Allogeneic stem cell transplantation
Allogeneic stem cell transplantation involves transferring the stem cells from a healthy person (the donor) to the patient’s body after high-intensity chemotherapy or radiation. The donated stem cells can come from either a related or an unrelated donor.
Before an allogeneic stem cell transplantation, the patient receives a conditioning regimen of chemotherapy and, sometimes, radiation therapy. This conditioning treatment is given to destroy any remaining cancer cells in the body. This helps weaken the patient’s immune system to help keep the body from rejecting the donated cells after the transplant. It also allows the donor cells to move through the bloodstream to the bone marrow, where the donor cells will begin to grow and produce new blood cells, including red blood cells, platelets and white blood cells. This process is called “engraftment.”
When a transplant is successful, the donor stem cells can replace stem cells in the bone marrow. It may also provide the only long-term cure of the patient’s disease. One of the benefits of allogeneic stem cell transplantation is that after the donated cells engraft in the patient, they create a new immune system. The donated cells produce white blood cells that attack any remaining cancer cells in the patient’s body. This is called the “graft-versus-tumor effect.” and it may be even more important than the very intensive conditioning regimen that is administered to destroy the cancer cells. This benefit can only occur in allogeneic stem cell transplantation.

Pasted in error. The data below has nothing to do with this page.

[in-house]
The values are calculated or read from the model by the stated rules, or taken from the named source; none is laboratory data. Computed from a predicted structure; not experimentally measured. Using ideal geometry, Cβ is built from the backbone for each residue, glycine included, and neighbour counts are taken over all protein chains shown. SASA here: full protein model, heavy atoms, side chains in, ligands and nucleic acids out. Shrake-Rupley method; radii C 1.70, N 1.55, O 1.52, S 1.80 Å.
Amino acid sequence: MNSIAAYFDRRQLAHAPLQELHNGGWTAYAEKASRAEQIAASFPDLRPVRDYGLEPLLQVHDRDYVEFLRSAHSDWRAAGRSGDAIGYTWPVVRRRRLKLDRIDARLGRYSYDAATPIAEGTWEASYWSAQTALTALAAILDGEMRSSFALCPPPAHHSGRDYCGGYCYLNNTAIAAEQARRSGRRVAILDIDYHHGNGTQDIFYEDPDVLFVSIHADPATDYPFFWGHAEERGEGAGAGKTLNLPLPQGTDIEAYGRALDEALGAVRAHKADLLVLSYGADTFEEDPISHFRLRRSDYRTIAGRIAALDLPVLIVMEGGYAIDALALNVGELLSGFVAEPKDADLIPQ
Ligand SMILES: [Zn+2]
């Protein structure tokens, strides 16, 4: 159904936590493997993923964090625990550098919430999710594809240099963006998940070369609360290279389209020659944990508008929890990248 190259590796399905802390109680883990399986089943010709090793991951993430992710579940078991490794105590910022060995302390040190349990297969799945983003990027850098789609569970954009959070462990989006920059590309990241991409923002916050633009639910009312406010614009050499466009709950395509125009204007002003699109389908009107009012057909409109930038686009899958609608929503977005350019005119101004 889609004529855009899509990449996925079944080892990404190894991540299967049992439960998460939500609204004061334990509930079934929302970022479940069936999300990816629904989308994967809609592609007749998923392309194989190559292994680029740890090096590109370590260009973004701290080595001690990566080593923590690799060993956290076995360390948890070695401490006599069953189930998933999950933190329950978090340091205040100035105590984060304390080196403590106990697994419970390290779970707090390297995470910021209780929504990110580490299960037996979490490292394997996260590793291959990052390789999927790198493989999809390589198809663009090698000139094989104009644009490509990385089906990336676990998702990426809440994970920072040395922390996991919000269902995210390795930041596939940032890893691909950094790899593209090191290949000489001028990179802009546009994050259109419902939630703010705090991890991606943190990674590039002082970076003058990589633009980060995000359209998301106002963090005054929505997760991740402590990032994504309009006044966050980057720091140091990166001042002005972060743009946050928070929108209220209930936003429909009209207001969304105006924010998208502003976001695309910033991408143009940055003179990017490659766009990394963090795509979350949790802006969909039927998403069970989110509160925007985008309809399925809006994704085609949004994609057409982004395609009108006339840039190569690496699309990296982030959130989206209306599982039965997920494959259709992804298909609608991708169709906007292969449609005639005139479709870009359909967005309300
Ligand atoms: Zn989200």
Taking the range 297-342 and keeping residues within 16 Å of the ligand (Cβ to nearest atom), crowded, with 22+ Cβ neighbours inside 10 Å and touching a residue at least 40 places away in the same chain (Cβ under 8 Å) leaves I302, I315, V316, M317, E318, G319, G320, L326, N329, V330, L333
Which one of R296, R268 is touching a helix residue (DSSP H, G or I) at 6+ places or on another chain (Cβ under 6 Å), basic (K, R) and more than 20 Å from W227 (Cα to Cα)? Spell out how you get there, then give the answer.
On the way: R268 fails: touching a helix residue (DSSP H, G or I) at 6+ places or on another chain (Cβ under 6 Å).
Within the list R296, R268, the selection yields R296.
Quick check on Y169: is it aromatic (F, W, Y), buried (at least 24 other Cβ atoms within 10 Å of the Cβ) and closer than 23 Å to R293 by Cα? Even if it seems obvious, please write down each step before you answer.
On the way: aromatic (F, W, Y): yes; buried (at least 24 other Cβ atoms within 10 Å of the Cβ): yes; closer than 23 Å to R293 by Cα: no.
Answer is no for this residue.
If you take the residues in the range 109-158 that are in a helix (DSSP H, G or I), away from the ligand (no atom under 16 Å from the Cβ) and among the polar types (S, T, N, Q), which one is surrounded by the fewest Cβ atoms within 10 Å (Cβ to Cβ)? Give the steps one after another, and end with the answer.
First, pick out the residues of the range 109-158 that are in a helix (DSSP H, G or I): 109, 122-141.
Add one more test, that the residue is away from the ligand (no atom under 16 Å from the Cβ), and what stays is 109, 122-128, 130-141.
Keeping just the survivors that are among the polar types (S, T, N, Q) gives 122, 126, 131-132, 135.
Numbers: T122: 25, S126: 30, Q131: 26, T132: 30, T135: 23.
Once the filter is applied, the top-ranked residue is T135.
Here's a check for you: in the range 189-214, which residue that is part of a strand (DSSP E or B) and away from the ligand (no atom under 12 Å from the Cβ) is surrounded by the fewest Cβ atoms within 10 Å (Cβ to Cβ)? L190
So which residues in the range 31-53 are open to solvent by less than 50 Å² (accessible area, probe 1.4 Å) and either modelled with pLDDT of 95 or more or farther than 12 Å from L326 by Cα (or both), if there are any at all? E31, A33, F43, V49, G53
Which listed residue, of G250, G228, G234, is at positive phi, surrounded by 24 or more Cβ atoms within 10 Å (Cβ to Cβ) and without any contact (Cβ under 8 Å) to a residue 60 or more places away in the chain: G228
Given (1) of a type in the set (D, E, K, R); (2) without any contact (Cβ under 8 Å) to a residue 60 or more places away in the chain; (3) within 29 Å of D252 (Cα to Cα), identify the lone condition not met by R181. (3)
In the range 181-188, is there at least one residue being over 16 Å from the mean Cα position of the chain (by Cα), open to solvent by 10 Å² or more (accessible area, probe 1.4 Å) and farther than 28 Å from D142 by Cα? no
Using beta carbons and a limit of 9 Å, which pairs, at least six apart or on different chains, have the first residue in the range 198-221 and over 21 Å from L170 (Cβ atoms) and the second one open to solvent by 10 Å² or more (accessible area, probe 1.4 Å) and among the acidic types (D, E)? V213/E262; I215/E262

One complication of allogeneic transplantation is that the patient’s body—despite the treatment to suppress the immune system—may reject the donated stem cells before they are able to engraft in the bone marrow. The patient’s immune cells may see the donor’s cells as foreign and destroy them.
Another complication of allogeneic transplantation is that the immune cells from the donor (the graft) may attack healthy cells in the patient’s body (host). This is called “graft-versus-host-disease" (GVHD). The parts of the body that are most commonly damaged by GVHD are the skin, intestines, liver, muscles, joints and eyes. Graft-versus-host disease can be mild, moderate or severe. There are treatments for GVHD, but in some patients, GVHD does not respond to treatment and can be fatal.
Allogeneic stem cell transplants for patients who are older or have overall poor health are relatively uncommon. This is because the pre-transplant conditioning therapy is generally not well tolerated by such patients, especially those with poorly functioning internal organs. However, reduced intensity allogeneic stem cell transplants may be an appropriate treatment for some older or sicker patients.